Mary Lacey, Jr. (1674-17??) – Born to Lawrence and Mary Foster Lacey in Andover on May 24, 1674, Mary, Jr. was 18 years old at the time she was accused of witchcraft. Her mother Mary Foster Lacey, Sr. and grandmother, Ann Alcock Foster were also accused. Both of her elders were found guilty and sentenced to be executed. However, they were not. Her mother was released in 1693 after the witch hysteria had ended. Unfortunately, her grandmother, Ann Alcock Foster died in prison in December 1692. Mary Lacey, Jr. was released on bond in October, 1692 and later found not guilty. She went on to marry Zerubbabel Kemp on January 27, 1703/04, in Groton, Massachusetts.

Jane Lilly – From Reading, Massachusetts, Jane Lilly was accused of witchcraft, and examined along with Mary Colson on September 5, 1692. Lucky for Jane, her accusation occurred shortly before the entire witchcraft affair began to be questioned. In February 1693, she was examined in Charleston, Massachusetts. She was accused of afflicting Mary Marshall, wife of Edward Marshall of Malden, Massachusetts, as well as the typical “afflicted girls” including Mary Warren, Elizabeth Booth, and several others, who went into dreadful fits when she entered the room. She was also accused of afflicting  Susanna Post. In her examination, she said she knew nothing of the reasons behind the accusations. She admitted to sometimes visiting the Proctor house, but, denied ever having any type of inappropriate conference with either John Proctor or his wife Elizabeth. Accusations were also made that she had a hand in the burning of William Hooper’s home, in which, he died. Jane Lilly was indicted, imprisoned, and later cleared by proclamation.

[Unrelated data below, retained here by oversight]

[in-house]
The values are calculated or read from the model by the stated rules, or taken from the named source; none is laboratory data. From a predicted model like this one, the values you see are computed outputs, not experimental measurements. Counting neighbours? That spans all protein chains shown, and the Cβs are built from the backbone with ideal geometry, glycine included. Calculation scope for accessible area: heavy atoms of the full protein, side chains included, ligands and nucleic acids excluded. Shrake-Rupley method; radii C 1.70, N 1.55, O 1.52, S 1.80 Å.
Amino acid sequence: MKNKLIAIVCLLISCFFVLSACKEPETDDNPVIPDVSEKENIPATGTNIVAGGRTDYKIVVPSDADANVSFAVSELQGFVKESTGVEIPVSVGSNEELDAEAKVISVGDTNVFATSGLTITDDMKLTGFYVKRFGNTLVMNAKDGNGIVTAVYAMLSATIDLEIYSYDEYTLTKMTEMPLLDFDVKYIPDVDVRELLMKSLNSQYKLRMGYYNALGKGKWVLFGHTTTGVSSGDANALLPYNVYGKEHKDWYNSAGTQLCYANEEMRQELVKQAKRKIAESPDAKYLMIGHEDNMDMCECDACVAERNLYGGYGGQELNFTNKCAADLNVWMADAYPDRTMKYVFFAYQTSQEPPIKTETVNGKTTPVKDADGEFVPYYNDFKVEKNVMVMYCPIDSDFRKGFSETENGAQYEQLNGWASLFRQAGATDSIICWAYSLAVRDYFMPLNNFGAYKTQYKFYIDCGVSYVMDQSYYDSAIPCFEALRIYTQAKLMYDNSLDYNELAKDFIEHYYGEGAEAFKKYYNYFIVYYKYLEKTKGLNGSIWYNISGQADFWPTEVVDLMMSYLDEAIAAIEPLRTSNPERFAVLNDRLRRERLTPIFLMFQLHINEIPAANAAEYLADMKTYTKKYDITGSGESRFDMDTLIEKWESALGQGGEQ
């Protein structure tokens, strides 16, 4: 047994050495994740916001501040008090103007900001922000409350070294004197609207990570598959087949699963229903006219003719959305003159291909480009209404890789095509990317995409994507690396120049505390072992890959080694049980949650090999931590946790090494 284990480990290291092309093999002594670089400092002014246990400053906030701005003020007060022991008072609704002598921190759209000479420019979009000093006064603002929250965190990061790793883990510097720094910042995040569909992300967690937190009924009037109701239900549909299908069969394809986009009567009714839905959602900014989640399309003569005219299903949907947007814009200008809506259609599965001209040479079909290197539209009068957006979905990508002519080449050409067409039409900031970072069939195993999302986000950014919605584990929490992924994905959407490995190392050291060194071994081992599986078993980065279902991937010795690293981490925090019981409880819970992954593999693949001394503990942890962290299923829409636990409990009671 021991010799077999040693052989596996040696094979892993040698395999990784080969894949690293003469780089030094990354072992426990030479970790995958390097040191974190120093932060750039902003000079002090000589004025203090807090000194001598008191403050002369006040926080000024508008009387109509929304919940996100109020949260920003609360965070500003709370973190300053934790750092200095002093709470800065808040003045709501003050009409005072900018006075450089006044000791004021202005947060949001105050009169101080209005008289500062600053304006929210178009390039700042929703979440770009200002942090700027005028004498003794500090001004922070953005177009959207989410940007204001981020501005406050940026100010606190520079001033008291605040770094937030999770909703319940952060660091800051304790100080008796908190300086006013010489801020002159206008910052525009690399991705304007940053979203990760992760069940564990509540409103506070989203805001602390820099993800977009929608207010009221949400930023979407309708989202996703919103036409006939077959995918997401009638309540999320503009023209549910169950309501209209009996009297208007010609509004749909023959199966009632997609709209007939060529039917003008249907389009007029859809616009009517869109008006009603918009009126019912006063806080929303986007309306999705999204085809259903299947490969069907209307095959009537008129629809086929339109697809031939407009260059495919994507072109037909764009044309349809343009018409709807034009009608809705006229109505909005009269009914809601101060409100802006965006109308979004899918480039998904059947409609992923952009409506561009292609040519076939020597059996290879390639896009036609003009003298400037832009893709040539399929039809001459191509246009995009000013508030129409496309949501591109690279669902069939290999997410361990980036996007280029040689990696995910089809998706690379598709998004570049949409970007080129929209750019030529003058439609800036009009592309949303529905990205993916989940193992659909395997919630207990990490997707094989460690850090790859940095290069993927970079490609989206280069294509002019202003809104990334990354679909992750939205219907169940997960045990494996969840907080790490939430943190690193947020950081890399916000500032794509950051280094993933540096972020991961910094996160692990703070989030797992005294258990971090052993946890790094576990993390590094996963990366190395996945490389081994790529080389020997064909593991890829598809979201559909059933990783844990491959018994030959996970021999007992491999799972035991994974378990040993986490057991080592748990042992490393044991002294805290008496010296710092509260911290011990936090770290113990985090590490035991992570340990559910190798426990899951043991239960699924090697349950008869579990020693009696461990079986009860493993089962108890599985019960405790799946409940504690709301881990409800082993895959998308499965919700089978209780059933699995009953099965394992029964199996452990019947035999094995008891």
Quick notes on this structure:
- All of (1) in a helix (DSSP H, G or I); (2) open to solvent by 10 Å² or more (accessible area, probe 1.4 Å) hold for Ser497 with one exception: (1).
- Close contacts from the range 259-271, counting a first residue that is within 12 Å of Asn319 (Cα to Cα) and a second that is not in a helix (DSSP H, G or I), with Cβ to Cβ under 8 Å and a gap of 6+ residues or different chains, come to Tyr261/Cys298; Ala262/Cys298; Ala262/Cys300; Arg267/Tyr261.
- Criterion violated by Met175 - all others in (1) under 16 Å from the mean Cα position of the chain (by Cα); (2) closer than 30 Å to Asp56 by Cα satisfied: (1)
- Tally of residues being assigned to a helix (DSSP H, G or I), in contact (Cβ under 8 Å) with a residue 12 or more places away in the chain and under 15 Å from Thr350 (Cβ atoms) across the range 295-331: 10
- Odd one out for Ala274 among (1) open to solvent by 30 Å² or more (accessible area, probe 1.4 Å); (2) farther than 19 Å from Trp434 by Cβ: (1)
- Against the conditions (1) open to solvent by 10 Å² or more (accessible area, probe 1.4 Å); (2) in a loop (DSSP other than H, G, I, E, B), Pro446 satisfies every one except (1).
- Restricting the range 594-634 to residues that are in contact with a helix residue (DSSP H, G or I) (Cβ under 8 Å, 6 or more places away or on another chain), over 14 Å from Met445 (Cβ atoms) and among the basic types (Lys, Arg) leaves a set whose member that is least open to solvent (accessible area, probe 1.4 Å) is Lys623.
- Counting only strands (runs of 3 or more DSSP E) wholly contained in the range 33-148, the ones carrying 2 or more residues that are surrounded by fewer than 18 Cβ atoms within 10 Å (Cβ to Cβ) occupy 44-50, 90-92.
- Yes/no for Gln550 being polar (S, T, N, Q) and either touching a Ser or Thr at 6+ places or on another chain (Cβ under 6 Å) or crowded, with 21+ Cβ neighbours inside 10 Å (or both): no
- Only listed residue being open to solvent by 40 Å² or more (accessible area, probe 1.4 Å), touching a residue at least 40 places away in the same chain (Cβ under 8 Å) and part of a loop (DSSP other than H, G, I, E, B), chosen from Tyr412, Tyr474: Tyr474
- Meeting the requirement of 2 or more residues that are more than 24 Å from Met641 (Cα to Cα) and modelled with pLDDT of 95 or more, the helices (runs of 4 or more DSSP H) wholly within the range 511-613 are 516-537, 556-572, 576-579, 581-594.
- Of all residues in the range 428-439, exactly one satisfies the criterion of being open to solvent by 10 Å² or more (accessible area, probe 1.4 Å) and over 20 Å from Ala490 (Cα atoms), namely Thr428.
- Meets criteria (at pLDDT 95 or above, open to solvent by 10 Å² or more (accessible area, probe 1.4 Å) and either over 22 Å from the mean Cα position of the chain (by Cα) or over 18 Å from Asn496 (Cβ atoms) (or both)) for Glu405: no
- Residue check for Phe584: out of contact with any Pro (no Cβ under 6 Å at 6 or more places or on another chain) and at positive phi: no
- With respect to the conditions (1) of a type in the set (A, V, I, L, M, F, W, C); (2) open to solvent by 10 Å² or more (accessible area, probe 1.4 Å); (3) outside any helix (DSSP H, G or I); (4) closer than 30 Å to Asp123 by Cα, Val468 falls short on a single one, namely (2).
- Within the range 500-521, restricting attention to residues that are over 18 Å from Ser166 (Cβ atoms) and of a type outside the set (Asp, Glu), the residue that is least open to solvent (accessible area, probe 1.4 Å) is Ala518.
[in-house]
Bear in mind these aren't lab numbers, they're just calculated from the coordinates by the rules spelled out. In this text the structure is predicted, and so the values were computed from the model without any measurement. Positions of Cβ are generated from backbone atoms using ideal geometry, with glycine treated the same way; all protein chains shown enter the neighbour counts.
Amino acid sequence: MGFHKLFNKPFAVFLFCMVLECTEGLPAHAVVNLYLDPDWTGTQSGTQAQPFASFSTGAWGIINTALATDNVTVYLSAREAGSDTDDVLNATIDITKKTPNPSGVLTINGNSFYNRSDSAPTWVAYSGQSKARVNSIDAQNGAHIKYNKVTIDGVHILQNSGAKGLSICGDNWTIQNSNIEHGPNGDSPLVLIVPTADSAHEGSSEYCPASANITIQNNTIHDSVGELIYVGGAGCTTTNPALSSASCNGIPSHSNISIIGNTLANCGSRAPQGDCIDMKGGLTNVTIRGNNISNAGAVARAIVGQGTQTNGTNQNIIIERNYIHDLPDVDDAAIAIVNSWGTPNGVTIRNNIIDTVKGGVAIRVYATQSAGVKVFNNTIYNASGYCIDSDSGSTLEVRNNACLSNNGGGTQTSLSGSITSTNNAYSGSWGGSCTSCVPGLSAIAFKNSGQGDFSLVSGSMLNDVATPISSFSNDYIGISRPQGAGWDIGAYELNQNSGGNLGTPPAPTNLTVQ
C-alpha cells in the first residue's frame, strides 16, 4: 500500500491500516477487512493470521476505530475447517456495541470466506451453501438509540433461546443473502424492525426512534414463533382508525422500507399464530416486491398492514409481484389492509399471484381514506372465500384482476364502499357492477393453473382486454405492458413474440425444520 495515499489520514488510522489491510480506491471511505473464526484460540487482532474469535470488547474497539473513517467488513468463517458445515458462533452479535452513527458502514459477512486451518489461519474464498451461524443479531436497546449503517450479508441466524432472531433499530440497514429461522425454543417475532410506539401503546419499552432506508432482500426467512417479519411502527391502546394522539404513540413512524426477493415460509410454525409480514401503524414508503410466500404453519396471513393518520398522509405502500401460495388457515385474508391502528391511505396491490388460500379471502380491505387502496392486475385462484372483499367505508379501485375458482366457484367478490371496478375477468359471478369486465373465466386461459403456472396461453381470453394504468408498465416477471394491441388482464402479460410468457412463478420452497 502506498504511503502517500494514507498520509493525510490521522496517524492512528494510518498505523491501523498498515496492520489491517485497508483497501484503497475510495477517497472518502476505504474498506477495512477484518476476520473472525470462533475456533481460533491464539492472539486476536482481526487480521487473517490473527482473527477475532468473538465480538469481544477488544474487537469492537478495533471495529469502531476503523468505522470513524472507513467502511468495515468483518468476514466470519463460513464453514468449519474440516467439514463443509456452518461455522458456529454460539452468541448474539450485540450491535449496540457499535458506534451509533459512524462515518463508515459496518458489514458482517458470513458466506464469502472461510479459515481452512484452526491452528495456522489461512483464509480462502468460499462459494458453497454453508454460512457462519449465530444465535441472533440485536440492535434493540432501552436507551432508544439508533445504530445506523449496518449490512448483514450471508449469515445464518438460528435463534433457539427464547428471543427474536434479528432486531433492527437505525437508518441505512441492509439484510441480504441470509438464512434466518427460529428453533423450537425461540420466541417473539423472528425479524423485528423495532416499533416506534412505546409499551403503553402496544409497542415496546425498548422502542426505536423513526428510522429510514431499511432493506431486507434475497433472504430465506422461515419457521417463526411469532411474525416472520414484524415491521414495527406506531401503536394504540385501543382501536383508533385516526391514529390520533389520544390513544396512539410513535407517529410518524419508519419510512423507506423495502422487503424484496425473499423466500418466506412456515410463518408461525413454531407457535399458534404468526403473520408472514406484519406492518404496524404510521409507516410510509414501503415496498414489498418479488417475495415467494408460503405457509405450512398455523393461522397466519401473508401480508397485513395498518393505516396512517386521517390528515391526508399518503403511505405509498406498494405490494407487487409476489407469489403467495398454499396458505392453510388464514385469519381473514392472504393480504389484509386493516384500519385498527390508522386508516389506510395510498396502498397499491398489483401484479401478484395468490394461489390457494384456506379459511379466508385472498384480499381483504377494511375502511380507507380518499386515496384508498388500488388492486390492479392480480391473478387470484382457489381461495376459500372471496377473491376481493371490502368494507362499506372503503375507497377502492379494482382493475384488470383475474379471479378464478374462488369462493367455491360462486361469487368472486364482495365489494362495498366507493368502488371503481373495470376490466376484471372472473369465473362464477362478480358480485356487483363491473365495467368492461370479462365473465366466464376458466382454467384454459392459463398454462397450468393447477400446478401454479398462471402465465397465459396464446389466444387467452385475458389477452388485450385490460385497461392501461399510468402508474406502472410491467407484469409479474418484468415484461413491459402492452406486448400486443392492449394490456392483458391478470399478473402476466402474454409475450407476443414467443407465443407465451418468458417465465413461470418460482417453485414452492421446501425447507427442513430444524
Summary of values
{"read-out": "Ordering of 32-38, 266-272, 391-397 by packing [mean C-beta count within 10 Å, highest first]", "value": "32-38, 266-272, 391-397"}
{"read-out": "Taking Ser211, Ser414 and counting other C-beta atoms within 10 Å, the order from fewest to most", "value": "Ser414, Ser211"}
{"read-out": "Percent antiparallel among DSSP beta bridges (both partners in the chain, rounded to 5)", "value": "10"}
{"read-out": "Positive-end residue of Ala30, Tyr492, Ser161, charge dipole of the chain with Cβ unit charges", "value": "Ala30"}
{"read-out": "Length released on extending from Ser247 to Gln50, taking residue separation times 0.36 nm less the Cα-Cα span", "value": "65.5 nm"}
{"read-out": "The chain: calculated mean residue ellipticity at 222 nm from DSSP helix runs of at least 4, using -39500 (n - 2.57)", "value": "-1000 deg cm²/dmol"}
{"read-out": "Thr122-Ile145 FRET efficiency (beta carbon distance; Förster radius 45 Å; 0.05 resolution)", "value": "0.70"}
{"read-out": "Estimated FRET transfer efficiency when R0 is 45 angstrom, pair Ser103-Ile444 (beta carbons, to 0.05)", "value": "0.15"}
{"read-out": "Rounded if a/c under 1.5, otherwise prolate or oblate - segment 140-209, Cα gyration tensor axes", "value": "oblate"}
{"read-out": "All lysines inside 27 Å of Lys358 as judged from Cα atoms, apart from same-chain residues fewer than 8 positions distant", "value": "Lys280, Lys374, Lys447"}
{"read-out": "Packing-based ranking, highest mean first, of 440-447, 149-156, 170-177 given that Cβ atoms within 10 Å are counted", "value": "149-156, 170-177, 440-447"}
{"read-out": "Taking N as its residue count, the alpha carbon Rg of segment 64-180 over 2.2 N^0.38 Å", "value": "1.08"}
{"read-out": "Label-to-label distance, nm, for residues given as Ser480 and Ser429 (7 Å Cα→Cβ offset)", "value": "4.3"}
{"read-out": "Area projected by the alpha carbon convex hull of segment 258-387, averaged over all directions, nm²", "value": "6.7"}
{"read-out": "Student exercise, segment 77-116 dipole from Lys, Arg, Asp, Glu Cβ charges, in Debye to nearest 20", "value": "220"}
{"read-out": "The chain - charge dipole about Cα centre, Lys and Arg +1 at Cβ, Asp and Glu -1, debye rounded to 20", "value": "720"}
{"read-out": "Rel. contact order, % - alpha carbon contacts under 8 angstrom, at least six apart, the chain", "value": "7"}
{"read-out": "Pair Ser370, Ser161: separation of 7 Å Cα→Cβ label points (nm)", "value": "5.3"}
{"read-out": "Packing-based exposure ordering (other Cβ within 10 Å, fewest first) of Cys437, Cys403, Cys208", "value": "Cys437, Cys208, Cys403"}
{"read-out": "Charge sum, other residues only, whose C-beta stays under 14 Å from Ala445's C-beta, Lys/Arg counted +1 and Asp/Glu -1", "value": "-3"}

Susanna North Martin (1621-1692)  – Accused of witchcraft, the 71-year-old Widow Martin of Amesbury, Massachusetts was one of the twenty men and women executed during the hysteria that gripped Salem, Massachusetts in 1692. She was born to Richard North and Joan Bartram North and baptized in Olney, Buckinghamshire, England on September 30, 1621. Her mother died when she was a child and her father remarried a woman named Ursula. Somewhere along the line, the family made their way to the United States, settling in Salisbury, Massachusetts around 1639. Susanna North grew up to marry the widower George Martin, a blacksmith, on August 11, 1646, at Salisbury. The couple would eventually have eight children.